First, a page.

Germany’s White List

A large survey for leading German health insurers has resulted in a hospital evaluation portal thatenables patients to compare and choose a doctor and treatment or care centre very quickly

Announcing survey results in Berlin
Announcing survey results in Berlin
Announcing survey results in Berlin
Announcing survey results in Berlin

Thanks to compulsory health insurance in Germany no citizen is without insurance cover. A mere eleven percent of the population are privately insured. Nevertheless, over the past decade the number of statutory health insurers has decreased significantly, mostly by way of mergers and acquisitions, and politically desired. Today, large and powerful insurance companies shape German healthcare. Several of these major insurers commissioned repeat surveys of their members to get a clearer picture of customer satisfaction with the medical services provided – and to distinguish themselves from the competition.

Between November 2011 and October 2012, two big players, AOK and Barmer GEK, surveyed about one million patients right after their hospital stay; 450,000 insured responded. The scientifically designed short questionnaire contained 15 questions regarding satisfaction with medical and care services and with the organisation of the hospital. Finally, the patients were asked whether they would recommend the facility. The results were integrated into the so-called ‘Weisse Liste’ (White List), an online portal created in 2008 by the not-for-profit and privately funded Bertelsmann Foundation and the umbrella associations of all major patient and consumer organisations. This portal allows patients in Germany to compare healthcare institutions and supports their search for a suitable hospital, physician or care facility.

Survey results

In general, the patients were satisfied with the care they received: 82 percent of the surveyed would recommend their hospital; 83 percent were satisfied with the medical care and 82 percent were satisfied with the nursing care. At 79 percent, the satisfaction with hospital organisation and service was slightly lower. However, patients did notice significant differences between hospitals. ‘Two thirds of the facilities mentioned by the patients receive a positive rating of 80+ percent. The rest is lagging. 2.4 percent were rated below 70 percent, meaning they are recommended much less’, Jürgen Graalmann, Chairman of the Board of AOK Bundesverband explained, summing up the results when the survey was presented at a Berlin press conference. He also pointed out that younger patients tend to be more critical than older ones: while about 84 percent of the 60-80-yearold patients were prepared to recommend their institution, among the 20-40-year-olds the rate was only 75 percent.

No ‘soft’ data

The significance of patient experience is confirmed by a study headed by Felix Greaves, whose results were published in the February 2012 issue of ‘Archives for Internal Medicine’ (Associations Between Web-Based Patient Ratings and Objective Measures of Hospital Quality). ‘According to this study the patient evaluations of British hospitals correspond to a large extent with objective quality assurance results. For example, patients’ perception of a hospital’s cleanliness and the rate of infections with dangerous pathogens in this hospital, correlate. Thus, the argument that data derived from scientifically sound patient experience surveys are merely ‘soft’ data is clearly debunked,’ Gerd Billen, head of the umbrella association of the consumer protection organisations, said at the conference.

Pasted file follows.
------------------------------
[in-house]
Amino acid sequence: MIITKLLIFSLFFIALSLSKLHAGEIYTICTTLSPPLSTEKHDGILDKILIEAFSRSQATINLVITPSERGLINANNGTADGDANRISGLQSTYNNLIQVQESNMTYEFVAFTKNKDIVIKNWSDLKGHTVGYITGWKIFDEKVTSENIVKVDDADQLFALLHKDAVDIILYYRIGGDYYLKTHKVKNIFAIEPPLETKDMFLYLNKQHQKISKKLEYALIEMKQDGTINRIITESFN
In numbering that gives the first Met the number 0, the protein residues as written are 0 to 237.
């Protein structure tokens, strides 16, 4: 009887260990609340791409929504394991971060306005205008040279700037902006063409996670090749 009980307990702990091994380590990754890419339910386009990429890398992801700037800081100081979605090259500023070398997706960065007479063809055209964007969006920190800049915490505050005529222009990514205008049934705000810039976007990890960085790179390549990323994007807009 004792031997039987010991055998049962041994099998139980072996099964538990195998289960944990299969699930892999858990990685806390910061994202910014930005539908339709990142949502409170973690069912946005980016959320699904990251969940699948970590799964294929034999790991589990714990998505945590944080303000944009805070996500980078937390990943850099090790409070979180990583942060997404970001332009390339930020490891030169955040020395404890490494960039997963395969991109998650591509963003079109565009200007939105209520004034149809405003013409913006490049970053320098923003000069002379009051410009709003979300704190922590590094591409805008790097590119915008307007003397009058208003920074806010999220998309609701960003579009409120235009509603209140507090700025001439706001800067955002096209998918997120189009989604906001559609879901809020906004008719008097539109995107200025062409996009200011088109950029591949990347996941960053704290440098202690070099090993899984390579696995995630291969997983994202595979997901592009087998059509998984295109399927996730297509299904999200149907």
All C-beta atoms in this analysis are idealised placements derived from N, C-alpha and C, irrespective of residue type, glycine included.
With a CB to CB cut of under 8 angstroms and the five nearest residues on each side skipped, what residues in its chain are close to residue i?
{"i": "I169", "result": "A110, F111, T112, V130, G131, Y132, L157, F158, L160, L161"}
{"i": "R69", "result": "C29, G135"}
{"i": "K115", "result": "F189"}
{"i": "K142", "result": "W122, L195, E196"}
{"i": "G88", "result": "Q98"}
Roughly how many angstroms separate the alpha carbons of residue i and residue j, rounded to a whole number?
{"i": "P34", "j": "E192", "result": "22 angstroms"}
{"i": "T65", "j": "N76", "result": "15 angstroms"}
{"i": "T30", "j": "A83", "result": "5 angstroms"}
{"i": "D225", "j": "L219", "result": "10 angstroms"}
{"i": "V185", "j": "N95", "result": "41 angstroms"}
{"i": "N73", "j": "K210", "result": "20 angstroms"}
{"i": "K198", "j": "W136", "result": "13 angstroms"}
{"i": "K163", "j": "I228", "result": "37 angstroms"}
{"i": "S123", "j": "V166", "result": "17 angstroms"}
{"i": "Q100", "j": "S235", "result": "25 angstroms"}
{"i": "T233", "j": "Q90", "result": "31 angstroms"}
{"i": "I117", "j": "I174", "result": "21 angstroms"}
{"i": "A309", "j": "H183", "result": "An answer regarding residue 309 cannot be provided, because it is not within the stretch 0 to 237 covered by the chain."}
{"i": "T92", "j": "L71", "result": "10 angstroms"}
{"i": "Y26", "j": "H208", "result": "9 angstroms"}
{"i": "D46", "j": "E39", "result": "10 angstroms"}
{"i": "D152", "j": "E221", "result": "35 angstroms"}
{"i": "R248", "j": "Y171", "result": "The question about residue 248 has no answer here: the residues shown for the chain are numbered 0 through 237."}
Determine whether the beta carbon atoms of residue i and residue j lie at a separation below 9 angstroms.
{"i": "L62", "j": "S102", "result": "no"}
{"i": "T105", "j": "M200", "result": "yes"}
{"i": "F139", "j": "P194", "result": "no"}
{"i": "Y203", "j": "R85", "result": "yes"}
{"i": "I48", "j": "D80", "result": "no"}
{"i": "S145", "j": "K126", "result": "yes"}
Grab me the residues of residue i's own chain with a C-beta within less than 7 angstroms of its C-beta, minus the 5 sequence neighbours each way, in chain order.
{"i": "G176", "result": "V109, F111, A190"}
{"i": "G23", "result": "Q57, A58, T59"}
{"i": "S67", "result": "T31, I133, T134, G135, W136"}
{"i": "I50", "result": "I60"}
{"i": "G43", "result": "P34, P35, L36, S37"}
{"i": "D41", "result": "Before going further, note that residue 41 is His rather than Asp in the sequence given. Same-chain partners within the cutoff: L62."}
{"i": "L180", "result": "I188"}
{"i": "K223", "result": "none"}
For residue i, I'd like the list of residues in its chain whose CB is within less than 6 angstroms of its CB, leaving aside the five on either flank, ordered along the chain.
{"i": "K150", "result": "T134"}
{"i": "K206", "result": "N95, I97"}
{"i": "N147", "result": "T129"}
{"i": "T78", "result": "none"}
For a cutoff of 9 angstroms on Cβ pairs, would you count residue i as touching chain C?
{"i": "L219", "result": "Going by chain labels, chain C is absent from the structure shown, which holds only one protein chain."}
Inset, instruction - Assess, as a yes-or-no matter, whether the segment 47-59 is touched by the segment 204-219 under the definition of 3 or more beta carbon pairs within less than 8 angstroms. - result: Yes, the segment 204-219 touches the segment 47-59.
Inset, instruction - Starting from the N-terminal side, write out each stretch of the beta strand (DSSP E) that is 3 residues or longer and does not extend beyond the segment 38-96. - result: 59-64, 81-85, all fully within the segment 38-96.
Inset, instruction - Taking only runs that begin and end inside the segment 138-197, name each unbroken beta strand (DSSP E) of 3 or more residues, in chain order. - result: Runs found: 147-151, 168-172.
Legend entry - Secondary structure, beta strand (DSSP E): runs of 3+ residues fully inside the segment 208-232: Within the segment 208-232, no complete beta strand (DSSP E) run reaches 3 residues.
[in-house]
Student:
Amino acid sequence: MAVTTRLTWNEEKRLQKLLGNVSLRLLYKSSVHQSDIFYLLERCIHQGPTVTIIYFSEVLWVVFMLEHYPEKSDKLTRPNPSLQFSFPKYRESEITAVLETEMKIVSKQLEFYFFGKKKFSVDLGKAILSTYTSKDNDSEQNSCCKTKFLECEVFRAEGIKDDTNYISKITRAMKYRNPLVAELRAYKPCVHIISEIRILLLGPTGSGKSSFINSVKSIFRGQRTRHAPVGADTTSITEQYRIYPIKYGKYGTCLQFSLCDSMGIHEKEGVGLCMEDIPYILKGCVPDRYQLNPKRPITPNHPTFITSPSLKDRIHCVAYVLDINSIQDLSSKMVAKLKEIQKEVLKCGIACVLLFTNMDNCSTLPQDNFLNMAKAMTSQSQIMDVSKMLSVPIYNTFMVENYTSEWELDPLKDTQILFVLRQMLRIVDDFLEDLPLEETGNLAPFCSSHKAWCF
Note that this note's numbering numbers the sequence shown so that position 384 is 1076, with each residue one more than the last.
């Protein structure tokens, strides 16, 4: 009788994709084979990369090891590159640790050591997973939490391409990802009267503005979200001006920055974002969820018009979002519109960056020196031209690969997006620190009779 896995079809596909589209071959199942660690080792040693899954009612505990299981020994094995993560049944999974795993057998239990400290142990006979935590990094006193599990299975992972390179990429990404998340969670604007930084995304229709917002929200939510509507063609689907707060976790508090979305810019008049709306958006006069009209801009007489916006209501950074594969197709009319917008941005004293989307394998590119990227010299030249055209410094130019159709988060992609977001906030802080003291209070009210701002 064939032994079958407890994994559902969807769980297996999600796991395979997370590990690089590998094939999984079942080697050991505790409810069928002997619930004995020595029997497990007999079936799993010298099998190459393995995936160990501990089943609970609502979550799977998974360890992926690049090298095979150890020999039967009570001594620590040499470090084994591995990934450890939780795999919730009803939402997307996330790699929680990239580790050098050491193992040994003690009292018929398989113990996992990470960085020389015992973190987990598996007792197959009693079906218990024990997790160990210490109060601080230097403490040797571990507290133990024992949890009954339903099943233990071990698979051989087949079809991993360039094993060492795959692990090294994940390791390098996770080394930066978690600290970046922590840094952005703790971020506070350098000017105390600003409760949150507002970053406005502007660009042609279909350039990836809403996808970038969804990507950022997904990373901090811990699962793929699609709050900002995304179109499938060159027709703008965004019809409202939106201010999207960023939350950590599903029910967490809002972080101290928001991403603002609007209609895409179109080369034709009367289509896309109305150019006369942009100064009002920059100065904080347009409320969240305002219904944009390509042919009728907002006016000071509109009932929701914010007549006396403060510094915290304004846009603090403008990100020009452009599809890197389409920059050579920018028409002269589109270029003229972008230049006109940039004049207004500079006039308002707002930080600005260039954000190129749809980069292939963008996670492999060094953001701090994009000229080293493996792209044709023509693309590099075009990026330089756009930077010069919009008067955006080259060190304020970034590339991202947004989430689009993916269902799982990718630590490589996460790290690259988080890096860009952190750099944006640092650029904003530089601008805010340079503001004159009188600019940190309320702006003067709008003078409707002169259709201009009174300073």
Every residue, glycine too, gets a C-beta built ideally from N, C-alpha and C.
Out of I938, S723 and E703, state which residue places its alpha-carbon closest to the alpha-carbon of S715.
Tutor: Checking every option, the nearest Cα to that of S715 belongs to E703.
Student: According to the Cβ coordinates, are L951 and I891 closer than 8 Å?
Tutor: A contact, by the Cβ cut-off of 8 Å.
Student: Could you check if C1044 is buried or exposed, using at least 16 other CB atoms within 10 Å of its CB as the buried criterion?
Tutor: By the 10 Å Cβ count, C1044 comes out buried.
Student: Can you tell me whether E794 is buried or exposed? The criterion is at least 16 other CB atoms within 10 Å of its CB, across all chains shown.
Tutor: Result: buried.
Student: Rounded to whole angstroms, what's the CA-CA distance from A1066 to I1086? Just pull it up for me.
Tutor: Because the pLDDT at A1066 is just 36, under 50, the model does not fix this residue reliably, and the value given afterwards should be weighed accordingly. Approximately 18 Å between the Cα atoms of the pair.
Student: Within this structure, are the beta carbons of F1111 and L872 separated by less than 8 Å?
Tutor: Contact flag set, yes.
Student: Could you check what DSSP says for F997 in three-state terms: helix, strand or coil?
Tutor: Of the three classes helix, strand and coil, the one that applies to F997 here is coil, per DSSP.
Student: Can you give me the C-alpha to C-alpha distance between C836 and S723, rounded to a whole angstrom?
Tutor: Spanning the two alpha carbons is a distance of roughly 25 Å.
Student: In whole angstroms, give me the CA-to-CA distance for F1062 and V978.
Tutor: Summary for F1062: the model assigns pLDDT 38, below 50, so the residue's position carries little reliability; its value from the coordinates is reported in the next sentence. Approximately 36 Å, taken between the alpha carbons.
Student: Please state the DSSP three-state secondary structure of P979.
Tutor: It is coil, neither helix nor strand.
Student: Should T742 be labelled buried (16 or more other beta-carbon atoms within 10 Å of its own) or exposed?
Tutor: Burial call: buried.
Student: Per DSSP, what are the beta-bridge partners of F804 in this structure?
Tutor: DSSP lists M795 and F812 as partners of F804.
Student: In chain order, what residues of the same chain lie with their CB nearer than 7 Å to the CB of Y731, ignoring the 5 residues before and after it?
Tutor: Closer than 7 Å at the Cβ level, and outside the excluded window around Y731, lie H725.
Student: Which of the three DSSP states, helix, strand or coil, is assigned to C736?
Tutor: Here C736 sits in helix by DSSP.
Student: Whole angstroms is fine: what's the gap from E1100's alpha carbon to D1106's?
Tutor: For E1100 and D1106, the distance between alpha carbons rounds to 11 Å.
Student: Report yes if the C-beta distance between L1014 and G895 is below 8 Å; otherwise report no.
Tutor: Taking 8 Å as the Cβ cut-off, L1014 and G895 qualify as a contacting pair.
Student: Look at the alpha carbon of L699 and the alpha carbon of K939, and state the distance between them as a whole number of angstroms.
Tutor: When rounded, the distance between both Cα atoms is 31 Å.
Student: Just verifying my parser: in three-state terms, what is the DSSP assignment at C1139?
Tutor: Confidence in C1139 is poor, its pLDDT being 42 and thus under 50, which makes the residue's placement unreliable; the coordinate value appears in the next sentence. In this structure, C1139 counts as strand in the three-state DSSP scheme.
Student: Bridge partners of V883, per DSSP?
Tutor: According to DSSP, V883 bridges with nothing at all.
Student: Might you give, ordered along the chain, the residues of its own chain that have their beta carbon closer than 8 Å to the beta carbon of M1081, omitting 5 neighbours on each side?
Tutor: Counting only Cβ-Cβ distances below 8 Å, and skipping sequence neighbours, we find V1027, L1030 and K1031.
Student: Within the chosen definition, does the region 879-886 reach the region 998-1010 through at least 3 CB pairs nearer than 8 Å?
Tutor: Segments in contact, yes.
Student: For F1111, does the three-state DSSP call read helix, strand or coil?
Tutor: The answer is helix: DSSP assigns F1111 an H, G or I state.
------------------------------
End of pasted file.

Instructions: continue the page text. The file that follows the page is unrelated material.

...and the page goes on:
Online portals drive quality improvements

Patient evaluations are not only integrated into the hospital portal ‘Weisse Liste’ they are also an important feature of the websites maintained by the participating health insurers. A consumer-oriented glossary with 5,000 healthcare terms was created and today complements the information on the hospitals’ service portfolio and quality (, www.krankenhausnavi.

German hospitals are required by law to report quality assurance data covering services areas and quality indicators with the aim to offer a transparent view of the quality of care. Service areas are, for example, breast cancer surgery and cardiac catheter interventions; quality indicators encompass inter alia the frequency of complications or the scanning time in X-ray imaging. These data provide an important foundation for the hospitals’ internal quality assurance and are complemented by quality assurance data developed by the AOK scientific institute. Thus information on severe and high risk pathologies with a high prevalence is routinely available; it includes data on the treatment procedures used and on standardised 30 days, 90 days and one year mortality rates, no matter whether the patient died in the hospital where he or she received initial treatment, in a different hospital or after discharge.

The data show which surgical interventions resulted in severe complications during standardised intervals or where repeat interventions were required, even when the follow-up is performed in a different hospital than that were the initial intervention was performed. Since the health insurers collect these data routinely no additional administrative effort is required. Thus the quality of medical services is quantifiable and made transparent on the AOK hospital portal: tree symbols indicate the quality of outcomes. ‘When surgery is required and can be scheduled the patient and referring physician should chose a quality-tested hospital,’ recommends Jürgen Graalmann, Chairman of the Board of AOK Bundesverband, underlining that the evaluation portals by the health insurers offer an important and easy to use decisionmaking tool.


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